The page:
Chicago leaders say looting will set back some communities that are still rebuilding from 1960s

Chicago News

CHICAGO — Chicagoans who lived through looting and burning in the late 1960s said many of those communities on the South and West sides have yet to recover. And they worry this week’s rioting in Chicago will set those communities back even further.

Pastor Michael Eaddy was a 16-year-old junior at Austin High School in April of 1968 when Chicago’s West Side erupted after the assassination of Dr. Martin Luther King.

“Madison Street was the eye of the storm,” he said.

Congressman Danny Davis was a school teacher at the time. He said he tried to convince people to stop looting and burning, even though he too was hurt and angry.

“I was actually out in the streets on Roosevelt Road,” he said. “Everything that was devastate, is still devastated. It has not been rebuilt.”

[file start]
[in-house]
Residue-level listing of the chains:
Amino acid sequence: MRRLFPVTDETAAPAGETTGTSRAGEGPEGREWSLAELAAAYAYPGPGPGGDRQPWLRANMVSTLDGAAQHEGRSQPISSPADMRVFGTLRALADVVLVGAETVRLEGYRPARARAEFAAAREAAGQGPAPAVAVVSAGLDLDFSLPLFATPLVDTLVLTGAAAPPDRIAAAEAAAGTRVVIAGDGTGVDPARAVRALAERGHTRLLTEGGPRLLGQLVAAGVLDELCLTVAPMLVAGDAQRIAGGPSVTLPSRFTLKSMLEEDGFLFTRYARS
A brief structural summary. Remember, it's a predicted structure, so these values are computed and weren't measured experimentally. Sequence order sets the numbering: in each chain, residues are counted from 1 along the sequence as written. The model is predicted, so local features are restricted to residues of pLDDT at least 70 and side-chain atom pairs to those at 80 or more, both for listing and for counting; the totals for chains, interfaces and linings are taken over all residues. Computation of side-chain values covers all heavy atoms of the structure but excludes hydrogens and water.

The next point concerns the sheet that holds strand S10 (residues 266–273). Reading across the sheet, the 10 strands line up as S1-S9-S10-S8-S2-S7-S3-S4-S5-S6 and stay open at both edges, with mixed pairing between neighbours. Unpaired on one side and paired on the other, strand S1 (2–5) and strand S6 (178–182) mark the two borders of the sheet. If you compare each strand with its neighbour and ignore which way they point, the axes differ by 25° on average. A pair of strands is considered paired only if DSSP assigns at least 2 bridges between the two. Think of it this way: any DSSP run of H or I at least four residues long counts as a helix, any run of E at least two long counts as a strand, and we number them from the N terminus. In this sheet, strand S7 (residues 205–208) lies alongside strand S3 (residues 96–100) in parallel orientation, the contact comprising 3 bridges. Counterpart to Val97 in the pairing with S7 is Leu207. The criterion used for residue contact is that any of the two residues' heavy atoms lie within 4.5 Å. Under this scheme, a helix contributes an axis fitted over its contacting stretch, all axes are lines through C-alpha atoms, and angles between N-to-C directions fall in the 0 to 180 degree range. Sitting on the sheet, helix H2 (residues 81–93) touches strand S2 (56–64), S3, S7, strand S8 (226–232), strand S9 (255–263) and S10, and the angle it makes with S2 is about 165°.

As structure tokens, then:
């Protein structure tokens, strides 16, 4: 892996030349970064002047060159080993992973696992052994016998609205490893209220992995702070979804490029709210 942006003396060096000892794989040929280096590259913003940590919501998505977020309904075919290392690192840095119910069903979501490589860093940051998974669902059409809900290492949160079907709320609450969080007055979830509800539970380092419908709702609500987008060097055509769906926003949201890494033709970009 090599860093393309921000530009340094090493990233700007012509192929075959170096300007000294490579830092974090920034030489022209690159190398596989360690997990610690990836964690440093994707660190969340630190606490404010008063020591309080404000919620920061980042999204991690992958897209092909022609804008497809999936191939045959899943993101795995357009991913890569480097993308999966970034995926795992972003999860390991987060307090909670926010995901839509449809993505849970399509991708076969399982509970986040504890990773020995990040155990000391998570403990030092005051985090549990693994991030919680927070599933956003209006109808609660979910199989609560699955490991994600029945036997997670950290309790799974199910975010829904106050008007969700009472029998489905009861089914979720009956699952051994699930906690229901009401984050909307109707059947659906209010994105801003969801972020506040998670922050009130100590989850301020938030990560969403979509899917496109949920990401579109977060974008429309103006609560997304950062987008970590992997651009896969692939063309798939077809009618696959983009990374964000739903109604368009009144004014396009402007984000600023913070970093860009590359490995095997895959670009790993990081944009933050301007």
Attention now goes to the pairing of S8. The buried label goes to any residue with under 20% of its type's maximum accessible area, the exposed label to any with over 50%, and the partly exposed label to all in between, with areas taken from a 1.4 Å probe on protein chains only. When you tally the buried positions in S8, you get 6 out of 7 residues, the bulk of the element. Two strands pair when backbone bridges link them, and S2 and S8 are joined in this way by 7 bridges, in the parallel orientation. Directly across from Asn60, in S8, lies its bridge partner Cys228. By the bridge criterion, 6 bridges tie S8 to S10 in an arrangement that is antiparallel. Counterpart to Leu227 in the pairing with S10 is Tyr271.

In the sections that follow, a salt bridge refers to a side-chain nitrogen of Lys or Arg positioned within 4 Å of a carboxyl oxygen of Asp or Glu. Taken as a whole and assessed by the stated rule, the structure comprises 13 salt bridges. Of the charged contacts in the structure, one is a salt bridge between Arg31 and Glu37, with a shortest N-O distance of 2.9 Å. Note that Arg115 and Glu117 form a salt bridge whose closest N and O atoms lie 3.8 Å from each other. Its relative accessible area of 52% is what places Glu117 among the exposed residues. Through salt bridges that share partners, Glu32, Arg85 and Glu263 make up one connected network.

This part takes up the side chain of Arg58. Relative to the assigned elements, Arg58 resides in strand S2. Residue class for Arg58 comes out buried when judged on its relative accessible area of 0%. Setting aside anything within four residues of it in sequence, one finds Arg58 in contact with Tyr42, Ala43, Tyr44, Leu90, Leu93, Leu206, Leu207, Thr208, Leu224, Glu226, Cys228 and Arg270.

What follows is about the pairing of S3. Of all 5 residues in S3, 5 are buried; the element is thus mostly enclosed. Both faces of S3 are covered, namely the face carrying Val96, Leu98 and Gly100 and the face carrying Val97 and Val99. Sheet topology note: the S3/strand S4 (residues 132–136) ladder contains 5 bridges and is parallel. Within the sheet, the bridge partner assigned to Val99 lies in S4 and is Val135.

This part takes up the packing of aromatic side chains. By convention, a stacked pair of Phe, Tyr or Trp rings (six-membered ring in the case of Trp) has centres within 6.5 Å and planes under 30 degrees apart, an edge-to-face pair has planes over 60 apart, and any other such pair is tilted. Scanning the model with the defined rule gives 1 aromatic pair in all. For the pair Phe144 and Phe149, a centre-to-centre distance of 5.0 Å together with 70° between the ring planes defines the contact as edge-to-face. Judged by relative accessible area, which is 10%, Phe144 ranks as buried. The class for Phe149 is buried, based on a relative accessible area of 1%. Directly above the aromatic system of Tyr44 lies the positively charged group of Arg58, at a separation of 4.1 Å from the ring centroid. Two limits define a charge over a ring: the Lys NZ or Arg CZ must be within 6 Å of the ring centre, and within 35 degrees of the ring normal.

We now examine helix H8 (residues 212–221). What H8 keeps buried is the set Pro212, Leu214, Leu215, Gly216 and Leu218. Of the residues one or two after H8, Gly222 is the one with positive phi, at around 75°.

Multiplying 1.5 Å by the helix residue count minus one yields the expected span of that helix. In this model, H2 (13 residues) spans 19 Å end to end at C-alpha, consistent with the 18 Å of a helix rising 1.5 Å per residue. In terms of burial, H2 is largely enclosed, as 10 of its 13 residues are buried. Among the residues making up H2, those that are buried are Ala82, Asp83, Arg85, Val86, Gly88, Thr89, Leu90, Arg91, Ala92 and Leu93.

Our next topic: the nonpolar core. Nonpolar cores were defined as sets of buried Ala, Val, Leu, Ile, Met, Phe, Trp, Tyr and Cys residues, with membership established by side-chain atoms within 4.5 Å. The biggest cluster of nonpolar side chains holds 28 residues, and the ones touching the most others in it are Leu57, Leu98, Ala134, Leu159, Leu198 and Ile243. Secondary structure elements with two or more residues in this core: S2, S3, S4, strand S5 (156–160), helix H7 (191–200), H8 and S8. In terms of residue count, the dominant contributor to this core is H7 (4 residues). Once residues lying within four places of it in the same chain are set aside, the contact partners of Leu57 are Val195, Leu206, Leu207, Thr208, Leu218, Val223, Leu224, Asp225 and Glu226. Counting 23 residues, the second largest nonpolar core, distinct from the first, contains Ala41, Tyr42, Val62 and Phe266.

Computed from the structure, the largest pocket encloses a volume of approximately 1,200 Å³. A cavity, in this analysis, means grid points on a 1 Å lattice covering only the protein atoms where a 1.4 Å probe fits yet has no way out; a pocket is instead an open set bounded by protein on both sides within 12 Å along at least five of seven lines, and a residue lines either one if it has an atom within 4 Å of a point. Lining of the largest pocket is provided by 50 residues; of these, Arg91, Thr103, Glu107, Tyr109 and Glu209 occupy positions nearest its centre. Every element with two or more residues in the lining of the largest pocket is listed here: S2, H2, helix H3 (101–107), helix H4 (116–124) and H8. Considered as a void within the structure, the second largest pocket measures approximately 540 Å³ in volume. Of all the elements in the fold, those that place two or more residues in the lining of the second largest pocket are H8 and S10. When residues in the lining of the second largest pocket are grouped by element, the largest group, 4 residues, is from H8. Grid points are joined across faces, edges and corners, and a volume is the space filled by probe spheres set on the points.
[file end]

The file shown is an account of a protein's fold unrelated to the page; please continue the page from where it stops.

Davis said he felt it all over again this weekend as he watched young people loot and set fires, this time over the death of George Floyd, who died after a police officer held his knee on his neck for almost nine minutes.

Jim Lowry is an author and highly sought-after business strategist who has taken his experience and connections and funneled it into minority business development. He points to the Kerner Commission report of 1968 that found pent-up frustrations over poverty and institutional racism were driving inner city violence.

“You fast forward to 2020, you have the same feeling of hopelessness in our community and people are acting out,” he said.

Davis, whose Chicago office sits on Madison Street, is still surrounded by vacant lots and abandoned buildings and in spite of the despair. He and other like him, still have hope.

“It will it come back,” he said. “I hope. I pray. I work.”

“You can’t do it with nickels and dimes,” Lowry said.  “If people are serious about changing the inner city and changing the crime and giving hope to these young kids, they got to put serious money into it.”

They said it’s going to take an all out effort from government and private businesses alike. But again, the Kerner Commission laid out a lot of these issues 52 years ago. Nothing was done then.

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